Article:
That said, it doesn't matter how good or bad at messaging the Democratic party is. The president has a bully pulpit and it's incumbent on all administrations to take the lead on messaging and subsequently rise above all the propaganda, misdirection and obfuscation spewed by corporate lackeys, both in the media and in congress. He's done some good things like healthcare for one. But in four years, he hasn't even been able to convince a majority of the country to realize that fact.

      When it comes to messaging, success cannot be measured by citing how the rhetoric is clear and understandable to us kossacks and other people on the left who deal in reality and can separate the proverbial wheat from the chaff. It has to be measured in the aggregate of all Americans. And using that metric, this White House has been forced to react instead of act.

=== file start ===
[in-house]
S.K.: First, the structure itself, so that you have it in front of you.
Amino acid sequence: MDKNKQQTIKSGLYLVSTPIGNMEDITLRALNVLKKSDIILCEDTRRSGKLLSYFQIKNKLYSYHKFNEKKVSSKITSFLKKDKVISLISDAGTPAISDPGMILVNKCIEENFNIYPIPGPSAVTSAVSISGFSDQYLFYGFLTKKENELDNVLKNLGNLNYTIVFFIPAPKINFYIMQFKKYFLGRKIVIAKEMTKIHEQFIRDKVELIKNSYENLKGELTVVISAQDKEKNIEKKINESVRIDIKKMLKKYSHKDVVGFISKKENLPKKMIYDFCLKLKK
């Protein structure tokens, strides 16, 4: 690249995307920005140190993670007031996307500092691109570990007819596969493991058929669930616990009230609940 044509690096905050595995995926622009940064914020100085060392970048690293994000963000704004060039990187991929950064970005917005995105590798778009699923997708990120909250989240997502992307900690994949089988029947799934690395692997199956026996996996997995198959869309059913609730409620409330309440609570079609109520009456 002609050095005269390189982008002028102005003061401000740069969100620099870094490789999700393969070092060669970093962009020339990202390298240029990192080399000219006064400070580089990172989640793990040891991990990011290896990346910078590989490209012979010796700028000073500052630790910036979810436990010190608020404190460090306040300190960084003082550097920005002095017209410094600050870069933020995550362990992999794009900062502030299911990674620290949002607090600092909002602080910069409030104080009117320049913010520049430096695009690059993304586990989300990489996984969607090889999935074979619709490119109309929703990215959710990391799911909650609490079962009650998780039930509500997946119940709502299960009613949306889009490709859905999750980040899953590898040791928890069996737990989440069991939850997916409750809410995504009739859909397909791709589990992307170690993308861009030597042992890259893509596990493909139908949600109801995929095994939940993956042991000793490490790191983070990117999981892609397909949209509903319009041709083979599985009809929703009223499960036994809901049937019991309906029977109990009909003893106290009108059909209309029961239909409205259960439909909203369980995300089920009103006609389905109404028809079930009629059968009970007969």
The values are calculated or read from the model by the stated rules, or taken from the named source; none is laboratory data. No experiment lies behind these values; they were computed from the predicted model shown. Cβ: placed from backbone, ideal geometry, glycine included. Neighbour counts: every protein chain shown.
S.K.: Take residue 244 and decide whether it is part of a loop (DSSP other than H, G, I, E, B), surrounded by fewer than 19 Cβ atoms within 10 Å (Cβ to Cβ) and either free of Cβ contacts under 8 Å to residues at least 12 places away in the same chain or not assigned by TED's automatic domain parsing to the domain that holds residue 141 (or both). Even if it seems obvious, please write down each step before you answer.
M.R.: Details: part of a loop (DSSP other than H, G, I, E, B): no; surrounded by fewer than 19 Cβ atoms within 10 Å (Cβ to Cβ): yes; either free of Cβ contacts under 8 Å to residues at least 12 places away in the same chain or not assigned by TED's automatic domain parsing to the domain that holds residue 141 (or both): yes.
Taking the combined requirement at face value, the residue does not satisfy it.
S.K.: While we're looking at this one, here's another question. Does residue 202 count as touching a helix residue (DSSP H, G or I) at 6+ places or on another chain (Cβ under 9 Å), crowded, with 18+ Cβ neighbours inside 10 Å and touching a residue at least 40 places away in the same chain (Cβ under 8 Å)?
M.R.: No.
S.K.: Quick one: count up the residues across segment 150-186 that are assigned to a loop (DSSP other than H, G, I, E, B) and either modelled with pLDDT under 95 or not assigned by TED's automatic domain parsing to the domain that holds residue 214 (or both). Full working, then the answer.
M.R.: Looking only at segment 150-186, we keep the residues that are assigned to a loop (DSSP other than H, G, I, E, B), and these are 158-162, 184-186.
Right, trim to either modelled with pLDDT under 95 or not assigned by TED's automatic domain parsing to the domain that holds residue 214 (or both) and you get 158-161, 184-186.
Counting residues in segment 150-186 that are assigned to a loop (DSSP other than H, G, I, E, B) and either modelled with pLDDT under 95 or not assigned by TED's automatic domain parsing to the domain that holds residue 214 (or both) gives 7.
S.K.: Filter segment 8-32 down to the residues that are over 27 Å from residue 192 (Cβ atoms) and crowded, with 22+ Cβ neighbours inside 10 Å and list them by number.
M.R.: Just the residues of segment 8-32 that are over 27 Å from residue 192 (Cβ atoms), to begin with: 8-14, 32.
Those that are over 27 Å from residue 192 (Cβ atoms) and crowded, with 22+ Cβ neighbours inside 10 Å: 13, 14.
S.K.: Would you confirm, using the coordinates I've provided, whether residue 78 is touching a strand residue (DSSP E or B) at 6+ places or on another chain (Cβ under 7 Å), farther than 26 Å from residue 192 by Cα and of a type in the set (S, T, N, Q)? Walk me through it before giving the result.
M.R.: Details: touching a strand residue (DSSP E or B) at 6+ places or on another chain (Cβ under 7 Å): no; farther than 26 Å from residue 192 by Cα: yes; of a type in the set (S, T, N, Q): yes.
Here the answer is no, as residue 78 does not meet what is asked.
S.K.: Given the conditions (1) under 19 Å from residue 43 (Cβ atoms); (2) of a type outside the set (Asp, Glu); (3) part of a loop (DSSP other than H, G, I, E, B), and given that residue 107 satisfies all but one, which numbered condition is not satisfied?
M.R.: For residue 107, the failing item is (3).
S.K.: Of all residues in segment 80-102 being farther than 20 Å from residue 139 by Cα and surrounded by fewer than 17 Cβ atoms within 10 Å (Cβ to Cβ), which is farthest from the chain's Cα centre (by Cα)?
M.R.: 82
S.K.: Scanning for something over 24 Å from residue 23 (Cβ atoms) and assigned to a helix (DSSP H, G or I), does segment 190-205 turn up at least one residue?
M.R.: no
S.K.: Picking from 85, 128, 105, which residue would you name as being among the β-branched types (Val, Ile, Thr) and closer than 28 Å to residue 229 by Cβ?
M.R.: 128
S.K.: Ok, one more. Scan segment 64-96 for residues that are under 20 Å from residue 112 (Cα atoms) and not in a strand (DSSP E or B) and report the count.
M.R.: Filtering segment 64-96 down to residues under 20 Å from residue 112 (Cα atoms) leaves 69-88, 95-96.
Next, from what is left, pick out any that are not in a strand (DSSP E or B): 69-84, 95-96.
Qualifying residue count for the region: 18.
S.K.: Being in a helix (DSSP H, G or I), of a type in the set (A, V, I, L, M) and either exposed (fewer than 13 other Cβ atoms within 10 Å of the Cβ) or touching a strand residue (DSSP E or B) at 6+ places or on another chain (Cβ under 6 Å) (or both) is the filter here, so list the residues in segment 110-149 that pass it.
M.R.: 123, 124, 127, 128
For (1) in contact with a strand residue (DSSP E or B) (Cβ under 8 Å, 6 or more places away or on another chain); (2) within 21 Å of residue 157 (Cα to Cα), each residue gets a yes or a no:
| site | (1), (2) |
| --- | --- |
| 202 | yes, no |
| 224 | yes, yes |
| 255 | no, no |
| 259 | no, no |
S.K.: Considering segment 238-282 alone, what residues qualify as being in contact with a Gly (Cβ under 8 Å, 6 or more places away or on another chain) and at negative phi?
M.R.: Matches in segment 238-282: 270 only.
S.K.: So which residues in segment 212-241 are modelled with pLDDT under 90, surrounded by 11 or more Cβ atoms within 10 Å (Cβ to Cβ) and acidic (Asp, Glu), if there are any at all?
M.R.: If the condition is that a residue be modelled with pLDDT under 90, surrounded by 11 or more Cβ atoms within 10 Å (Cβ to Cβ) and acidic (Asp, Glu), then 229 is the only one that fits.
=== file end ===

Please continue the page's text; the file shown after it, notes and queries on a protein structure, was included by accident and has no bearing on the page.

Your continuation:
"Capitalism is the astounding belief that the most wickedest of men will do the most wickedest of things for the greatest good of everyone" - John Maynard Keynes

      by markthshark on Thu May 23, 2013 at 04:27:04 PM PDT

      [ Parent ]

  •  Nope (0+ / 0-)
    it's no surprise that the media didn't think this latest move by the Obama administration worthy of reporting. And it's equally unsurprising that the communications arm of the administration failed to make sure they did
    To your first point--I'd have to find the link, but it was somewhere on this here very blog--the EO in question was determined to A) not do a whole lot for "transparency" which doesn't already exist in any directive and B) doesn't really address the issue that brought this to light to begin with (the AP fishing expedition).

    To the second point--if the first point is correct, then the administration obviously wouldn't want to make a big deal out of their signing of today's EO, because it would, in fact, invite further scrutiny.